Drinking Water Week (Part 2): The Undead Policies of California Water

by Barbara Barrigan-Parrilla and Tim Stroshane

These are the undead ideas of California “water policy” today: A Delta Conveyance Project. New Dams and Reservoir Storage. Voluntary Agreements. Such ideas are put forward by the water industry—and few others—as “solutions” to California’s seeming chronic shortage of water. 

These ideas have been defeated time and time again (statewide elections, regulatory-agency-forced-march attrition and rejection, change of governor). They are propped up like scarecrows by water industry investment of time, money, and expertise to keep them in their undead state. They keep returning, largely unwanted and unsupported, to menace the California public, especially when they learn the environmental and economic impacts of such projects.

Both new storage and some form of Delta conveyance have languished going on four decades now. This type of water policy bespeaks “more water under water industry control by more storage and movement.” Control is coveted by parties to cross-Delta water transfers: north-of-Delta water sellers, south-of-Delta water buyers, and big system operators like the California Department of Water Resources (DWR) and the United States Bureau of Reclamation (USBR).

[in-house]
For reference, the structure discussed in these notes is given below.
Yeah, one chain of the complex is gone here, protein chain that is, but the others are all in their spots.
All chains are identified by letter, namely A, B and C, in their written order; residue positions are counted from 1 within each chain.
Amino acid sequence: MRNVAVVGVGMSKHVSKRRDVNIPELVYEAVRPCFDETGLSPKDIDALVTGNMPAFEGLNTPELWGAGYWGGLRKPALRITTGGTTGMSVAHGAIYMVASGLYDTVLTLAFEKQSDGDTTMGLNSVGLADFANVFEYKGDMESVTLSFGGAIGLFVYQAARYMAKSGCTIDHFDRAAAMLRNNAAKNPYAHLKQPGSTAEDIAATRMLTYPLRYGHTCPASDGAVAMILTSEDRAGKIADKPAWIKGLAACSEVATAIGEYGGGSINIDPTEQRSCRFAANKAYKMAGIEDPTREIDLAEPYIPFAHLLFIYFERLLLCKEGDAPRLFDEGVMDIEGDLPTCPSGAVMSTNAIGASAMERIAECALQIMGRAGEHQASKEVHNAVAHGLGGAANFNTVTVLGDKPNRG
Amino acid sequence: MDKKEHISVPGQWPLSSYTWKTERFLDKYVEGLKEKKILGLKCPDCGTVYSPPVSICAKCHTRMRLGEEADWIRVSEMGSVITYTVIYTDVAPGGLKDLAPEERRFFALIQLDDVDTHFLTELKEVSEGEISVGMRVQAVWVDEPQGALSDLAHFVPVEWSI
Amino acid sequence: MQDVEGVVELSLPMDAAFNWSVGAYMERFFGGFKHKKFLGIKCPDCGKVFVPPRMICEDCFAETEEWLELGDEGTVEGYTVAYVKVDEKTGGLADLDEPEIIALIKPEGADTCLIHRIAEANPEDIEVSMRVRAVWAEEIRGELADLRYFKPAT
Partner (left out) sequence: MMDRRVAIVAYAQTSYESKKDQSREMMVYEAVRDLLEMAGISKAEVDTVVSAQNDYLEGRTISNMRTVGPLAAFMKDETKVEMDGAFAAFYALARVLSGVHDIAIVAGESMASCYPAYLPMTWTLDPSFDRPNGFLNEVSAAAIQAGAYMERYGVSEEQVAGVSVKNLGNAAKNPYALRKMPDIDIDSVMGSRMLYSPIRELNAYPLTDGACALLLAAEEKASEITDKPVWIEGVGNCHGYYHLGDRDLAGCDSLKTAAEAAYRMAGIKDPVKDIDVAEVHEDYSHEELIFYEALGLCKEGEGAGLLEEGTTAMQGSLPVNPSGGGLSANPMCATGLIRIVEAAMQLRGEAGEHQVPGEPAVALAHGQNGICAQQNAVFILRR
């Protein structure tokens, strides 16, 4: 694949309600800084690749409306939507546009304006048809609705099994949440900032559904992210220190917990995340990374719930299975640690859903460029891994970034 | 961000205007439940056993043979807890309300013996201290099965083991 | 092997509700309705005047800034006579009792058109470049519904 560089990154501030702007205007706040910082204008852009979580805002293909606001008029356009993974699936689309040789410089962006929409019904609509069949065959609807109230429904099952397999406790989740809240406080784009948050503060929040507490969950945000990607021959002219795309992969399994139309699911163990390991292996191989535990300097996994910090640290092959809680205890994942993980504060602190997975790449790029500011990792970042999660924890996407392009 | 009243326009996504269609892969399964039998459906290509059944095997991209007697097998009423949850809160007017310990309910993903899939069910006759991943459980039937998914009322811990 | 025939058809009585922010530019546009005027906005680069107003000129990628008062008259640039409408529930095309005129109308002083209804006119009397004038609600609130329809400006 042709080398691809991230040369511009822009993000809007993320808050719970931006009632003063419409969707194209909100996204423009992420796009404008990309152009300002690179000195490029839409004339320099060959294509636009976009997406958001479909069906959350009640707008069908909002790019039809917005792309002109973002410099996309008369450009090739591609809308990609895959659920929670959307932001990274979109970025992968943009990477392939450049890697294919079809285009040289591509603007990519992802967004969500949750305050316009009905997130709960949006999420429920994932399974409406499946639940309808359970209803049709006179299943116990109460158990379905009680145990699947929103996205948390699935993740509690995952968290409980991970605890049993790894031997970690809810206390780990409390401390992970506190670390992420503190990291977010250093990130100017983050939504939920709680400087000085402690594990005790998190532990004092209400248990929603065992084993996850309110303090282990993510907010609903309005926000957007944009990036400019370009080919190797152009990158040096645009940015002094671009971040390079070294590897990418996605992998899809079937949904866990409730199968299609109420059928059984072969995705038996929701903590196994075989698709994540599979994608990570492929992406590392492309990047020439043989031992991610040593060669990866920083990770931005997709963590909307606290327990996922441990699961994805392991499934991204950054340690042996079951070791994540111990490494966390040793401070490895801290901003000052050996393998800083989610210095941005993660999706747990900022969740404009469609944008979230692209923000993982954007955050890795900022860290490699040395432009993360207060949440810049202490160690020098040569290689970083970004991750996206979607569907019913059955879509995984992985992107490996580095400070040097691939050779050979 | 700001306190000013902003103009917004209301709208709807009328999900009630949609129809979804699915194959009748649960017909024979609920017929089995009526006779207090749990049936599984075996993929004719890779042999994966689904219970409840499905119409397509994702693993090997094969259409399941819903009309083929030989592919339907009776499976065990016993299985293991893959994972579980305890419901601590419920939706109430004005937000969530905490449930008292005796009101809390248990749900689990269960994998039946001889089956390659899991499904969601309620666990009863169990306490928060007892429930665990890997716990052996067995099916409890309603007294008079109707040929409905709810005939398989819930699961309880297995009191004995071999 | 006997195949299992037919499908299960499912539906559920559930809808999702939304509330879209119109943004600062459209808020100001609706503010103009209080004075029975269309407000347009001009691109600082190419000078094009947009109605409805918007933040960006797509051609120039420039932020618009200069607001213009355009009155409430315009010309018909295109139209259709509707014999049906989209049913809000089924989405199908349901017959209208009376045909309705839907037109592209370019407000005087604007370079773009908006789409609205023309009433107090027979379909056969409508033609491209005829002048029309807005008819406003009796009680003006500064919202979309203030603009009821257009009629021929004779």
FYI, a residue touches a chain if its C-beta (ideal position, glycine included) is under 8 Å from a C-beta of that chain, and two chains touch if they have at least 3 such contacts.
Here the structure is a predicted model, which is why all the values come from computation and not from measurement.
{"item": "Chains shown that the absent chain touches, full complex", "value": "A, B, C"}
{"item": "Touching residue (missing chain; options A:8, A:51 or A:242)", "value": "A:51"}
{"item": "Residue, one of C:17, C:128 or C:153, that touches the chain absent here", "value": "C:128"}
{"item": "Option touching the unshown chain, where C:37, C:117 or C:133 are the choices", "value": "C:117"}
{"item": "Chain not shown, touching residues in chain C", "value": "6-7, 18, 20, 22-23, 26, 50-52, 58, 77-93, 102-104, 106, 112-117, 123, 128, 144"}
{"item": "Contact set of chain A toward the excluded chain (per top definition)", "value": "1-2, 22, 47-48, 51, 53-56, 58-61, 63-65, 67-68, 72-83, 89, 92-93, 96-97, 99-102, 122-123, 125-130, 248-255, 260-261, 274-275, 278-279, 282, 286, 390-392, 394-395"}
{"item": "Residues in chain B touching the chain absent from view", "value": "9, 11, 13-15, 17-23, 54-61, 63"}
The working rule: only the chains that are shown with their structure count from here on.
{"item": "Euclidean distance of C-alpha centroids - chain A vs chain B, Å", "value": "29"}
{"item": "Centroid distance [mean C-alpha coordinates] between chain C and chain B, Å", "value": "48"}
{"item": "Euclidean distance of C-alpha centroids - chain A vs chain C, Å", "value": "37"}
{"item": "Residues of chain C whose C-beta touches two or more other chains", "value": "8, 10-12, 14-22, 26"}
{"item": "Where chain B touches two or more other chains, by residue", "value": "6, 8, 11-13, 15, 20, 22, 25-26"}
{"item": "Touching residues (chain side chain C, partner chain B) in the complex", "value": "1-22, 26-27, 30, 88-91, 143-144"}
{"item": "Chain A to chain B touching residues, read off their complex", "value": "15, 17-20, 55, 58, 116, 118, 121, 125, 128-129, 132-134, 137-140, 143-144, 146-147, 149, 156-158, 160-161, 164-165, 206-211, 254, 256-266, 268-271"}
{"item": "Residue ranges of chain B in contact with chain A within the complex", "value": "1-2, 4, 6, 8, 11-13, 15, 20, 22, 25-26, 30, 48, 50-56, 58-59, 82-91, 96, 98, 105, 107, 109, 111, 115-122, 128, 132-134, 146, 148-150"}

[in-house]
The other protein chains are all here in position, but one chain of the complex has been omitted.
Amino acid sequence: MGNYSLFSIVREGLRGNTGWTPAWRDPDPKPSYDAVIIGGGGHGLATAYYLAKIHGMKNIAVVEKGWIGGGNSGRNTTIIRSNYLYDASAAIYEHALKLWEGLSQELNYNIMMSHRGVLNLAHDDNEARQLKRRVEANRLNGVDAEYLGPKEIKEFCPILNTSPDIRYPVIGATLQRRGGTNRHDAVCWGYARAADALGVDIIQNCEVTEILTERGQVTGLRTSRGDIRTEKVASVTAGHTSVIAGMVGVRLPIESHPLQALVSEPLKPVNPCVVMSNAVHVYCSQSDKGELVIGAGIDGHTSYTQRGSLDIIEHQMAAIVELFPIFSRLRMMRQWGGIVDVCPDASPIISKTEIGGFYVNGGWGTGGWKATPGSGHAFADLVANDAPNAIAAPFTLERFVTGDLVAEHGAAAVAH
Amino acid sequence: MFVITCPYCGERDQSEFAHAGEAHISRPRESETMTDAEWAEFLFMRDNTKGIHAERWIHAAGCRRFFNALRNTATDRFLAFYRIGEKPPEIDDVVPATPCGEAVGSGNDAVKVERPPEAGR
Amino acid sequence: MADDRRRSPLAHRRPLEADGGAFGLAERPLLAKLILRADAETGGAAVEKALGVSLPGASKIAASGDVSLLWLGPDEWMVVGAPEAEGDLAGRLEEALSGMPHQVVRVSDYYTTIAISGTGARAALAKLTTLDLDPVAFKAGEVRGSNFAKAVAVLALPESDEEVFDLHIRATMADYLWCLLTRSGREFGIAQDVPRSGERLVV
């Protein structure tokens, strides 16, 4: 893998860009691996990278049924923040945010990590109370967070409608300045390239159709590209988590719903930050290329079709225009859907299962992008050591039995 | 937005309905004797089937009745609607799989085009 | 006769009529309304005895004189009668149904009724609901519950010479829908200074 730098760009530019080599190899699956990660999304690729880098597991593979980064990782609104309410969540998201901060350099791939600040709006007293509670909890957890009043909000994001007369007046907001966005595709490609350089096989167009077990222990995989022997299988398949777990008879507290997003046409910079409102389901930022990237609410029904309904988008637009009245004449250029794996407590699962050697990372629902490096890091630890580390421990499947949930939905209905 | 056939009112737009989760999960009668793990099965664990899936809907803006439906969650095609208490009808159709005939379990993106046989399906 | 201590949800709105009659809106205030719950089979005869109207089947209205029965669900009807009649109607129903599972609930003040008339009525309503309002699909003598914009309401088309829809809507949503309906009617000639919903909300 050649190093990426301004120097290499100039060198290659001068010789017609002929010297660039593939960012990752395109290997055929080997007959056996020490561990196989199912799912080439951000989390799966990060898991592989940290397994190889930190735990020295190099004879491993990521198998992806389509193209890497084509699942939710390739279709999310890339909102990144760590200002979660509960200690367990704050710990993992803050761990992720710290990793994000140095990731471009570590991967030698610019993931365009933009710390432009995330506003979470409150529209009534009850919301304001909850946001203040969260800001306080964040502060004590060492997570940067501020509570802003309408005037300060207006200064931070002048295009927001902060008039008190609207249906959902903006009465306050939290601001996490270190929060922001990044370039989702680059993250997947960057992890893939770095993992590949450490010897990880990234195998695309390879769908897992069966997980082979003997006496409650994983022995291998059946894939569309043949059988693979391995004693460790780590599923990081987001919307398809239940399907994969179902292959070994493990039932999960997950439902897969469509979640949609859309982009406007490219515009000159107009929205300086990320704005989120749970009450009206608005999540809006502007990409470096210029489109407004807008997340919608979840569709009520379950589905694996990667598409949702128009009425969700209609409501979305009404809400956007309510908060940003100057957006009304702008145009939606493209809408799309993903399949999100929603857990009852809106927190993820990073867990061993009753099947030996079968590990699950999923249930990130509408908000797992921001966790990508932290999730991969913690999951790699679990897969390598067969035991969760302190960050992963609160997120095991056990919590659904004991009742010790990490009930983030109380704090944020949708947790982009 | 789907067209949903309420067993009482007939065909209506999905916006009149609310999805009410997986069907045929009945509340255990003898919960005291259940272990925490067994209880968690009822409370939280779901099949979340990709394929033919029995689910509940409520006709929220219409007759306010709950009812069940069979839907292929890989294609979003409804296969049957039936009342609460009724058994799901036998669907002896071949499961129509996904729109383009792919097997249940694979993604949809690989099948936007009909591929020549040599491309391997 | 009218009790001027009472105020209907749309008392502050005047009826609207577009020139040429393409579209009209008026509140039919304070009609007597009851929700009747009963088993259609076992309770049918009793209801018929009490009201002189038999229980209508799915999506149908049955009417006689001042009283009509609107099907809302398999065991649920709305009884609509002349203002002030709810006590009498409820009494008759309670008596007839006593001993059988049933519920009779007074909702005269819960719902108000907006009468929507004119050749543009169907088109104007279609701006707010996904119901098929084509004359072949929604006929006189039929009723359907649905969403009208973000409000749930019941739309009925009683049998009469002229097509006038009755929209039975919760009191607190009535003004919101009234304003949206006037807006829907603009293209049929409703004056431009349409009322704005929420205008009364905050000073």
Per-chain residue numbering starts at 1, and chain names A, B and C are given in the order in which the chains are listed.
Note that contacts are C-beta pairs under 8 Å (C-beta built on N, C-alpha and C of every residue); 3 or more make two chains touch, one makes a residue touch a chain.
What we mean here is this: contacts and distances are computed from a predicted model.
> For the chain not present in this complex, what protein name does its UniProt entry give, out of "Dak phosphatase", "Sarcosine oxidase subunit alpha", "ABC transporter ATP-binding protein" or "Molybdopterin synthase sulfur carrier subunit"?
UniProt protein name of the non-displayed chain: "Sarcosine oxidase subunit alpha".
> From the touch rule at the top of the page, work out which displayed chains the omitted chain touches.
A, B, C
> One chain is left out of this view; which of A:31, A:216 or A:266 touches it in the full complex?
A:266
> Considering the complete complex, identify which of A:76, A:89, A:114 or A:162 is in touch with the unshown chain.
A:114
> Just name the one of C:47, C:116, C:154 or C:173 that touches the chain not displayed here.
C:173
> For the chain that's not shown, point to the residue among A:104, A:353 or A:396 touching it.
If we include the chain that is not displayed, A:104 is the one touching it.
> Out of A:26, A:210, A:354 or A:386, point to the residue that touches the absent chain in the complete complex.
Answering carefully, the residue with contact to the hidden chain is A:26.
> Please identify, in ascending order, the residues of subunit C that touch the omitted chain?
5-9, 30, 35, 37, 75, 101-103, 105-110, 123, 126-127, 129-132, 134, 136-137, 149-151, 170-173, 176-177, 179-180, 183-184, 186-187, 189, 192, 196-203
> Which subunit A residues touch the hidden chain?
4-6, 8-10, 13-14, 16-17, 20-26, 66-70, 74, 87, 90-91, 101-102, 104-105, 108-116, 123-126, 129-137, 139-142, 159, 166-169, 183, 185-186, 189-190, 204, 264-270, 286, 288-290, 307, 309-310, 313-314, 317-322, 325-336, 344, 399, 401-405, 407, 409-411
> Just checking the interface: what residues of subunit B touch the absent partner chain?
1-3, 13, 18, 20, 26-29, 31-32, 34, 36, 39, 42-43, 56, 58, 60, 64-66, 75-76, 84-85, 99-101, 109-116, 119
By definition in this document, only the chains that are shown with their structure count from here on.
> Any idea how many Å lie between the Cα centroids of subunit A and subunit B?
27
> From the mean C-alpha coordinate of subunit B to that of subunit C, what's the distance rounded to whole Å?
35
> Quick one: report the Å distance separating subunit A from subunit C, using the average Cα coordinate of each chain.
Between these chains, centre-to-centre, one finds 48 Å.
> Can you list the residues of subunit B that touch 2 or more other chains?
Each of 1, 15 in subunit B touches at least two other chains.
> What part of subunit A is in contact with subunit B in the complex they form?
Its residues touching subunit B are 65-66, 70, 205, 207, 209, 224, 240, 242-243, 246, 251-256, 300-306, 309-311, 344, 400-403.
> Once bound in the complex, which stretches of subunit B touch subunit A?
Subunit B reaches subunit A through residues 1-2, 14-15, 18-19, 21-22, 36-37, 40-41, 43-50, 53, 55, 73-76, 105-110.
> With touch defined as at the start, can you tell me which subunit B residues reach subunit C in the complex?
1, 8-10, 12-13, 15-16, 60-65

Contract amendment negotiations for the Delta Conveyance Project are nearly concluded. State water contractors seek “flexibility” in the new contract amendment terms. To them, flexibility means control at the Delta tunnel over their water market transfers and exchanges once a Delta conveyance project is in place. DWR largely would act as an accountant for this system. No other public criteria are brought to bear on this market-driven policy for water control.

The contract amendments represent chickens counted before eggs hatch. The Water Board water rights permit proceeding for California WaterFix trudged nearly four years before Governor Newsom pulled the plug on it. The Delta Stewardship Council rejected WaterFix in December 2018 after about a year-long comparison with the Delta Plan. Nearly all the same issues before both of these agencies will recur. An environmental impact report on a new Delta Conveyance Project is due for public release not much sooner than a year from now. It could be another six months to a year beyond that before the project begins its own water right permit process. Assuming Board and Council approvals are forthcoming for this tunnel, its permitting and construction period will drag on for 23 years. So, we’re talking about eggs for the water industry, right now, not omelets or chickens.